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I saw this three days ago and, to be honest, I’m struggling to remember specific things so I’m not sure what else to say. There’s a scene involving a porn mag that’s quite funny and probably the highlight of the movie. Oh – the music was (mostly) good! Never going to complain at a bit of Black Sabbath! Also don’t mind some Cypress Hill & KRS-One. So other than an annoying boy band & Whitney Houston, fairly decent soundtrack. Oh yeah – and at one point a character calls someone a “duplicitous taint” and I was like “I need to remember that because I think I know a certain someone who would probably appreciate that. (The IPC…). Lol! But I didn’t quite remember because I’m getting old and senile and I’m now not sure if that’s exactly what was said but I know the second word is right. Anyone feel free to correct me if I got that wrong. Okay, I’m rambling now – time to finish this review. 😉

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Summary:

This Is The End is rude, crude, and fun. If you love this group of actors, you’ll probably worship this movie. Great job on the pretty original idea of having them play “themselves” in the middle of one messed-up apocalypse. But, overall, I found the whole thing quite forgettable. As much as I enjoyed it while watching it, I can’t see it being one I’d watch again anytime soon. As far as comedies go, I’m very picky but the few I love I could watch over & over again. This Is The End isn’t one of those for me but neither are any of the other movies from this group of actors. For me, at least – I know I seem to be in the minority on that.

My Rating: 7/10

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Scene After The Credits?: No, there’s nothing after the credits. It’s the kind of movie where I expected something.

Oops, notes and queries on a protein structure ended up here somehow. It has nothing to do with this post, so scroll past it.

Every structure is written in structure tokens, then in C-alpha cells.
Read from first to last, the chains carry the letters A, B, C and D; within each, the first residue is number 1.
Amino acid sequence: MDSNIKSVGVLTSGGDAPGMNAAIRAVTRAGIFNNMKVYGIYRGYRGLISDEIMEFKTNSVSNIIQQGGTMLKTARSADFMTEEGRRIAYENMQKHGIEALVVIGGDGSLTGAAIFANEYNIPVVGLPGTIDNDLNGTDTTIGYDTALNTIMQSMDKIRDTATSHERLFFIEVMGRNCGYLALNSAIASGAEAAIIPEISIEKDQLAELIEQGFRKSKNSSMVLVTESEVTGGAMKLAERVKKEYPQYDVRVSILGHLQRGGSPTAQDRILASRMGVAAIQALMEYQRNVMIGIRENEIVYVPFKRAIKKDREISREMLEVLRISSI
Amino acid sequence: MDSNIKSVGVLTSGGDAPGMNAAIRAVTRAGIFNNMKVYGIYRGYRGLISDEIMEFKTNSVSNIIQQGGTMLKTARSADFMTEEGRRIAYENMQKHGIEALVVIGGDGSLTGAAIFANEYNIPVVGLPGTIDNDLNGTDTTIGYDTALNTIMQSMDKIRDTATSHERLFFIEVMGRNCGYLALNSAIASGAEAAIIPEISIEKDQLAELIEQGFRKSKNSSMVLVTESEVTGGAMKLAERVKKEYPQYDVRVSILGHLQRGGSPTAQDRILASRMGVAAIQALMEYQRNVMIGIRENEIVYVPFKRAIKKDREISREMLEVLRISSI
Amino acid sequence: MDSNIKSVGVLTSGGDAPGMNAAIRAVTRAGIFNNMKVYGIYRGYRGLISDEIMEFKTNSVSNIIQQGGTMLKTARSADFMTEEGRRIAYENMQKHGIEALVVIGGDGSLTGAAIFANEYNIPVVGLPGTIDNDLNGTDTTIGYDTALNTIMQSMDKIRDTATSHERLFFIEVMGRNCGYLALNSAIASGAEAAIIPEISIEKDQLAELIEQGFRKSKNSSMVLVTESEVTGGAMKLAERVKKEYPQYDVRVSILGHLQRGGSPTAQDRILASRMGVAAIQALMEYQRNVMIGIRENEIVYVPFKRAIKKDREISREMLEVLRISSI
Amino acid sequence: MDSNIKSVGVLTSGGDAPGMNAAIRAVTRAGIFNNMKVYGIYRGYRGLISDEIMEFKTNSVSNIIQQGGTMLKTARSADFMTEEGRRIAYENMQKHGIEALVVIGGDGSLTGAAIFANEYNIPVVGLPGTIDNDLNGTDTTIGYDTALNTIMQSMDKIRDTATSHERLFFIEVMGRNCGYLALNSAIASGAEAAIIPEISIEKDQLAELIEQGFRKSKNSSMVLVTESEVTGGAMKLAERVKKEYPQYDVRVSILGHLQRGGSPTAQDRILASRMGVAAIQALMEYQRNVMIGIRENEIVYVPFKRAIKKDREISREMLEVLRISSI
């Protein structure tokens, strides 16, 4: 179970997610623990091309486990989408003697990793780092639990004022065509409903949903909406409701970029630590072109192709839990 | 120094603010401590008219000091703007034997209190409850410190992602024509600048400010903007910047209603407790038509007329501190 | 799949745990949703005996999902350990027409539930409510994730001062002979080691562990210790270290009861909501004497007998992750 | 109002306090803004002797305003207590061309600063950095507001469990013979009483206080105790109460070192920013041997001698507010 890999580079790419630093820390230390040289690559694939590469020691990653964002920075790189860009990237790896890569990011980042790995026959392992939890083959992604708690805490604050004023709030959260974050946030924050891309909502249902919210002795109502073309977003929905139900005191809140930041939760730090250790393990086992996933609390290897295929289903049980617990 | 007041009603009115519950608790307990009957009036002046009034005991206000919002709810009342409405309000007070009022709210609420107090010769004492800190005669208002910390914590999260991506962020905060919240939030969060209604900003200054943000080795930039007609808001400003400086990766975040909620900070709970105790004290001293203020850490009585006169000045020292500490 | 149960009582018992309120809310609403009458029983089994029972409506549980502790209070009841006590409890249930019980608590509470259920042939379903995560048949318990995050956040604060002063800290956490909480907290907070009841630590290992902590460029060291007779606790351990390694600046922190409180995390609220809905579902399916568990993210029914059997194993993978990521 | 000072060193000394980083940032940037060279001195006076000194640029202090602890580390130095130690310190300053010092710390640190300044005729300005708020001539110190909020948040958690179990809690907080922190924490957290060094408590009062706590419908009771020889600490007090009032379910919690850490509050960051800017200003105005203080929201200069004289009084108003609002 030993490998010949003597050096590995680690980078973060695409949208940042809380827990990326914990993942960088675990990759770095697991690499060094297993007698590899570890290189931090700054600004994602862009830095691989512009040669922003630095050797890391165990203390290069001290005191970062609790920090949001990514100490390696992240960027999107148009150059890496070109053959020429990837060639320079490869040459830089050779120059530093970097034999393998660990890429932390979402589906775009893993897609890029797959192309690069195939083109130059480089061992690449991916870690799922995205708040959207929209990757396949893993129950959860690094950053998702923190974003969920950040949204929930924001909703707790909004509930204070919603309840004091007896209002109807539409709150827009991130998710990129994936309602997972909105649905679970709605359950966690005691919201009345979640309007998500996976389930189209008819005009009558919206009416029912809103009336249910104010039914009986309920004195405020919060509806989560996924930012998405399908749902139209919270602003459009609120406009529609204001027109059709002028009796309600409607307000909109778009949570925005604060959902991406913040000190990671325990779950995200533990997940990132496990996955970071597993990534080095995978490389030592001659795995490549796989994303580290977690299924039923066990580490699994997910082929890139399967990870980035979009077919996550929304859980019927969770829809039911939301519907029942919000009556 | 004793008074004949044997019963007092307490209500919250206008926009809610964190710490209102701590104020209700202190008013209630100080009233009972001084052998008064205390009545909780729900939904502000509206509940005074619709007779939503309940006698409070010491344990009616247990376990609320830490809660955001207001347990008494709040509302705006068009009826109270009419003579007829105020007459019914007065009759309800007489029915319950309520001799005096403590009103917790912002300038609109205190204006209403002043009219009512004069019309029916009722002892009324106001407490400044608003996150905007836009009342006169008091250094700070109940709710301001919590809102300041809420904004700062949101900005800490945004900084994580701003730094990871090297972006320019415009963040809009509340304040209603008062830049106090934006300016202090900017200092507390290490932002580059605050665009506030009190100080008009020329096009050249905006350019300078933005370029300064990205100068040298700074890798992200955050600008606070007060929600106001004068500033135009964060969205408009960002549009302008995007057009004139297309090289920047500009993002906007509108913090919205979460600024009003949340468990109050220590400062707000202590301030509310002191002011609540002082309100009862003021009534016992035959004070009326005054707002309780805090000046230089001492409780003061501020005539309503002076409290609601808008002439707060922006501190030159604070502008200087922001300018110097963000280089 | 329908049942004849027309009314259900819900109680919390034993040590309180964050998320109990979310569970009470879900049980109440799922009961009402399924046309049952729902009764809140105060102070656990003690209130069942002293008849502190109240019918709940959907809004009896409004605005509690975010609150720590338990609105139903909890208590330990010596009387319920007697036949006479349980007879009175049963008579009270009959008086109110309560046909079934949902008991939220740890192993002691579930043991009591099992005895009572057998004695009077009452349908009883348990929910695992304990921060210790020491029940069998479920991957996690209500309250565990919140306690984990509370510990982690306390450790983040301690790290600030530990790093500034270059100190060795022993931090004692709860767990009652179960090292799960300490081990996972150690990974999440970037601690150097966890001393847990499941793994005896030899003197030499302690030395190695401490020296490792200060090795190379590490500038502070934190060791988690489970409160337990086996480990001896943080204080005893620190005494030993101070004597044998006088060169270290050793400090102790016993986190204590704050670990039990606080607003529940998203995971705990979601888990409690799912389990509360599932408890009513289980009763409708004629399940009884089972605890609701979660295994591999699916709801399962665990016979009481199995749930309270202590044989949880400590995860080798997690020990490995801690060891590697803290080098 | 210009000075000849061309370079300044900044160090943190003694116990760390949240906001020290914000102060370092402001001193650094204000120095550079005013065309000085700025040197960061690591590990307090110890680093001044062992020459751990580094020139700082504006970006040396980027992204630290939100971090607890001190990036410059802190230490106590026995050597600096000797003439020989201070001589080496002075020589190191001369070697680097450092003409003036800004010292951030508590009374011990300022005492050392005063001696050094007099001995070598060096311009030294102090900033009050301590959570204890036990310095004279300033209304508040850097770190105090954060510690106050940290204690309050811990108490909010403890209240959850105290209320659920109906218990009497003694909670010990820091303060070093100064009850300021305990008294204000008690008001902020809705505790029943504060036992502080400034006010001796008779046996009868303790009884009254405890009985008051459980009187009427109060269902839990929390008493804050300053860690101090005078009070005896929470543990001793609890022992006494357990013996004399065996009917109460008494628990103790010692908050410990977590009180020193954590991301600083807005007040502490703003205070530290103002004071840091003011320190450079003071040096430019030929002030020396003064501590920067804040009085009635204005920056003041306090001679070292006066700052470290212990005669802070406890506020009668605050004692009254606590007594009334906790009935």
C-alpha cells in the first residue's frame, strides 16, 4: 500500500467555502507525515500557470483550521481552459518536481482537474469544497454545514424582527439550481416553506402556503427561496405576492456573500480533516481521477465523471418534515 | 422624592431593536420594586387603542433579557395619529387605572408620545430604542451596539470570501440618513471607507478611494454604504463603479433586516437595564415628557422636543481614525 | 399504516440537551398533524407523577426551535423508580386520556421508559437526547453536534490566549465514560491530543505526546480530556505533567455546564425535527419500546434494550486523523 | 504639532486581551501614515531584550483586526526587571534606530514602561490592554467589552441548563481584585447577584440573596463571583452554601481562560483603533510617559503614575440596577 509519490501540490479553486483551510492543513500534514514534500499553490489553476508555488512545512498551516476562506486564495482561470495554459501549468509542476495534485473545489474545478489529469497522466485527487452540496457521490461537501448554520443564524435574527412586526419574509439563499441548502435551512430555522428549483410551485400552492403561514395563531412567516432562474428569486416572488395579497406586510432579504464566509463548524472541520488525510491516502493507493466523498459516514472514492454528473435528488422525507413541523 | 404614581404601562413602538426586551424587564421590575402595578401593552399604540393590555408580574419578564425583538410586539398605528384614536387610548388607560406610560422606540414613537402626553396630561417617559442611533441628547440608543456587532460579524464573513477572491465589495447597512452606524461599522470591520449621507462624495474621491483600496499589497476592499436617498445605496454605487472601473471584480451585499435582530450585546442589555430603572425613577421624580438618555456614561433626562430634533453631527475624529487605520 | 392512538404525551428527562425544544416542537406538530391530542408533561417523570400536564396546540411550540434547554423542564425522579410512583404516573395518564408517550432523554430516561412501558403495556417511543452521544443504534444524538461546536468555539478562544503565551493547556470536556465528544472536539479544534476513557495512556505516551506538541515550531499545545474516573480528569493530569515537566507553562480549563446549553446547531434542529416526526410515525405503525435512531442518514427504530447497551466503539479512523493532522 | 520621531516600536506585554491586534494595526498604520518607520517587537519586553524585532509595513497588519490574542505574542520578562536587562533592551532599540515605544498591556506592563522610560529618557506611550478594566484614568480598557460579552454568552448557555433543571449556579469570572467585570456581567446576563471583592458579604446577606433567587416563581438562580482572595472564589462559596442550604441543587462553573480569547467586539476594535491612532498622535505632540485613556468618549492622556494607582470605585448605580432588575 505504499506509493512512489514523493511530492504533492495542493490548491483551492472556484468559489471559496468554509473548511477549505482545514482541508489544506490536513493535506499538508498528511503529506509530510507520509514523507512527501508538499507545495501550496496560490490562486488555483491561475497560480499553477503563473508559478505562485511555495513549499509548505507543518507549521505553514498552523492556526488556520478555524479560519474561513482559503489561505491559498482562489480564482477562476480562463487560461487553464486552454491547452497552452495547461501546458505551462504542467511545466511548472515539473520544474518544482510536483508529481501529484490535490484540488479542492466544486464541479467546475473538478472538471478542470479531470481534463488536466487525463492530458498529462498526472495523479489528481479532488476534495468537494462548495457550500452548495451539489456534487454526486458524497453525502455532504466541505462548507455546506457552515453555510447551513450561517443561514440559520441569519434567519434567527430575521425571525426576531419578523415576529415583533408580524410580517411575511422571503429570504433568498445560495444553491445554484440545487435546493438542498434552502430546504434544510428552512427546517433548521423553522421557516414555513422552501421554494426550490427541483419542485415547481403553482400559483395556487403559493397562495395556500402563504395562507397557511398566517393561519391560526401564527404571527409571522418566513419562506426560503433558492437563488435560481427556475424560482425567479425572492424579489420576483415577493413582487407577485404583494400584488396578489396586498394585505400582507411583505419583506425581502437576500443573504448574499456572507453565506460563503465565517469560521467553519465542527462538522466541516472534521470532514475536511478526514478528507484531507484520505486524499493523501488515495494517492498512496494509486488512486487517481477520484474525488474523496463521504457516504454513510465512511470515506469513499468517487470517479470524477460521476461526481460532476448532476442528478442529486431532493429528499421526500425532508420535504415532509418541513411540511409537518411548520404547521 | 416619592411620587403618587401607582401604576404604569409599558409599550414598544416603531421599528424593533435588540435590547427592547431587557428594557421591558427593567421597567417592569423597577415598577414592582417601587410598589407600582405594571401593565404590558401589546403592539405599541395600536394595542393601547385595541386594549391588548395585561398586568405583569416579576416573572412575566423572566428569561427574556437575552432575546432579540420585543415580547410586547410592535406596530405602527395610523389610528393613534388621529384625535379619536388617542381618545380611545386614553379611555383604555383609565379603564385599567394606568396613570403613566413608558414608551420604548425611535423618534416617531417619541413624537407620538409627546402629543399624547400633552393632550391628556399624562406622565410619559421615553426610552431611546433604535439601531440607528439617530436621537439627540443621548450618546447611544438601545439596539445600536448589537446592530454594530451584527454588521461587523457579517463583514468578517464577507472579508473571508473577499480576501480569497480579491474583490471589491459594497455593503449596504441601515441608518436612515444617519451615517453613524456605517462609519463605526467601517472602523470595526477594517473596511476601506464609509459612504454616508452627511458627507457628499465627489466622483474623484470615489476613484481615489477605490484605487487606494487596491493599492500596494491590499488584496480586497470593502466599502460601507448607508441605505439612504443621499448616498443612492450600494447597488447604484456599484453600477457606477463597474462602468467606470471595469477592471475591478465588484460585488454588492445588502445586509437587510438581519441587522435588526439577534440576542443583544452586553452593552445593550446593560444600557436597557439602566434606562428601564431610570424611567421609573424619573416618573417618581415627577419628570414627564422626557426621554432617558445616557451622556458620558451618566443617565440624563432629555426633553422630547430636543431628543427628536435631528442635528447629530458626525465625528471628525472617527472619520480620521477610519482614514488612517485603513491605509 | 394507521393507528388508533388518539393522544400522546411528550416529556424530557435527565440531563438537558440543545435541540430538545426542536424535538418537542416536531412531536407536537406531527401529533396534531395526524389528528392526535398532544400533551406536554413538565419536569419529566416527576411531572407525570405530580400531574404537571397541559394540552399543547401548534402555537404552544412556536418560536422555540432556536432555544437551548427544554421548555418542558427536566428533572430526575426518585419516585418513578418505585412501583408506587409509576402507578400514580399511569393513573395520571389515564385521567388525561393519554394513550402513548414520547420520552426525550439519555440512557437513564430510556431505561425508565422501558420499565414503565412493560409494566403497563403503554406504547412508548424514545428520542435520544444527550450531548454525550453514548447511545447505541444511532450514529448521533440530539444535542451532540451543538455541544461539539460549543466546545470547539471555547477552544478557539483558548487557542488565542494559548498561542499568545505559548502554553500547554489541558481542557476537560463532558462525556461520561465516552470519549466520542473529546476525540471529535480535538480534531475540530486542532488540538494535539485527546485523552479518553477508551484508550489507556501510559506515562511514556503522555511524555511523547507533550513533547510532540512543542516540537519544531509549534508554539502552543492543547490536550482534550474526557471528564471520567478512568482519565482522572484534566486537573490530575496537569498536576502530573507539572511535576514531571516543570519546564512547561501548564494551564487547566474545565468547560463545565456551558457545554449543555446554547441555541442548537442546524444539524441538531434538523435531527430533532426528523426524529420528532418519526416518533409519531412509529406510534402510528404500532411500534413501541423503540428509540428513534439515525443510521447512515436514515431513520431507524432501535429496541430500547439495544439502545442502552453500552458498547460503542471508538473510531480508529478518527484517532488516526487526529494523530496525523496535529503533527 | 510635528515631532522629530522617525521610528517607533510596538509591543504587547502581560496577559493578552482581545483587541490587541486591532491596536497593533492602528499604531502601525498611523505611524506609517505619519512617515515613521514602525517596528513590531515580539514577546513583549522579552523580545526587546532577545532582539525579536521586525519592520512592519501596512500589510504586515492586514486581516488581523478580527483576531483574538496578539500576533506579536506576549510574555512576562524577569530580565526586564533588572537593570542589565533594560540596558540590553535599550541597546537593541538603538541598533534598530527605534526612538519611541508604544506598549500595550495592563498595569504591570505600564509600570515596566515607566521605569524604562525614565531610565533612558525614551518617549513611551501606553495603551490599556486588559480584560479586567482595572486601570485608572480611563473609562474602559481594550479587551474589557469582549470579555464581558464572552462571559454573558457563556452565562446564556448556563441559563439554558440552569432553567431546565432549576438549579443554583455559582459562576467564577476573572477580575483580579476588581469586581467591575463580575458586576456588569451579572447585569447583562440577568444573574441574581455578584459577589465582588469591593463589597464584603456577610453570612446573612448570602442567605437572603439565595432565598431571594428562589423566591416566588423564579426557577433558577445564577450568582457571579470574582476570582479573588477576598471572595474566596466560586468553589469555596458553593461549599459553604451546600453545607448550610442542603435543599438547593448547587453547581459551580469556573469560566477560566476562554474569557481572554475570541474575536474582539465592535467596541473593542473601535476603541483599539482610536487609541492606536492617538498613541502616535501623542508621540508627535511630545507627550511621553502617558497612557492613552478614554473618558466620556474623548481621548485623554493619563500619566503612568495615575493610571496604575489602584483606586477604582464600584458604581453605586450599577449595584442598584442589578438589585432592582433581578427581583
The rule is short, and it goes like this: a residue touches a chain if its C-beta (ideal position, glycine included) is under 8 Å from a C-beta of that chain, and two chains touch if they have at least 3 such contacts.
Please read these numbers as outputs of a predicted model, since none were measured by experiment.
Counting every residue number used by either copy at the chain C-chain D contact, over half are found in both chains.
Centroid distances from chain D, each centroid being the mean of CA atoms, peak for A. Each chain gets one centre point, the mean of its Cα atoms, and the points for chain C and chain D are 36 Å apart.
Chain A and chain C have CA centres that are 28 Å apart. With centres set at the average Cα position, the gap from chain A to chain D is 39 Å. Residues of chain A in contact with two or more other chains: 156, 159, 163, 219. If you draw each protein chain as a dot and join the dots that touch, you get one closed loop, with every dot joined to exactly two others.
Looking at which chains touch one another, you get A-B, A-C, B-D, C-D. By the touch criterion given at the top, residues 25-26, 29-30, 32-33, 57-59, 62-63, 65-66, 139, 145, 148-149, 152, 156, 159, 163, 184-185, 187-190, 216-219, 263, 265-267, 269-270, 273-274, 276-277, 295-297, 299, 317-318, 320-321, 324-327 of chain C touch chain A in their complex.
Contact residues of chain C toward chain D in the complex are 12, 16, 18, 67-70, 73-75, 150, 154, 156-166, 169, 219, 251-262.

Cameos?: I know some people will want a list of all the cameos in This Is The End. As I didn’t know several of the actors anyway, here’s a good link with the list: BuzzSugar

My Top Ten Apocalyptic Movies – Does this make the list?

Movies Seen In 2013 – Where does this rank?

World War Z (2013) Review

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World War Z

Directed by Marc Forster

Produced by:
Brad Pitt
Dede Gardner
Jeremy Kleiner
Ian Bryce

Based on World War Z by Max Brooks (Supposedly. Like… Extremely LOOSELY based on! Lol.)

Starring:
Brad Pitt
Mireille Enos
Daniella Kertesz
James Badge Dale
Fana Mokoena
Ludi Boeken
Matthew Fox
David Morse
Elyes Gabel

Plot Synopsis:

Gerry Lane (Brad Pitt), a former employee of the United Nations, is called upon to leave his family & travel the globe in search of the cause of a worldwide zombie pandemic and in the hope of finding a cure.

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My Opinion:

So, okay – I read World War Z by Max Brooks (son of Mel!). I LOVED it – I thought it was one of the best books I’d read in years. Then I heard they’d be making it into a movie and I’m usually happy about that – although I rarely like the movies as much as the books, I still enjoy seeing how they adapt them. After all kinds of known problems while trying to make this movie, we finally got to see the first proper trailer. And, like everyone else who read the book, I was like “what the HELL is that?!”. Lol. I don’t need to say more – I think everyone knows by now that, aside from the title, the book and the movie have VERY little in common. So let’s move on…

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Knowing this was NOT going to be the World War Z I know, I went to this with fairly low expectations and also went to it knowing it was going to be more of a serious “nationwide pandemic” film than some kind of Romero zombie movie. This is more I Am Legend or even Contagion than Night Of The Living Dead. And that’s fine – I ended up enjoying it more than I had expected. Not that the book was a full-on zombie thing anyway – it’s more like a book on war… (Sorry – not going there! I won’t mention the book again). 😉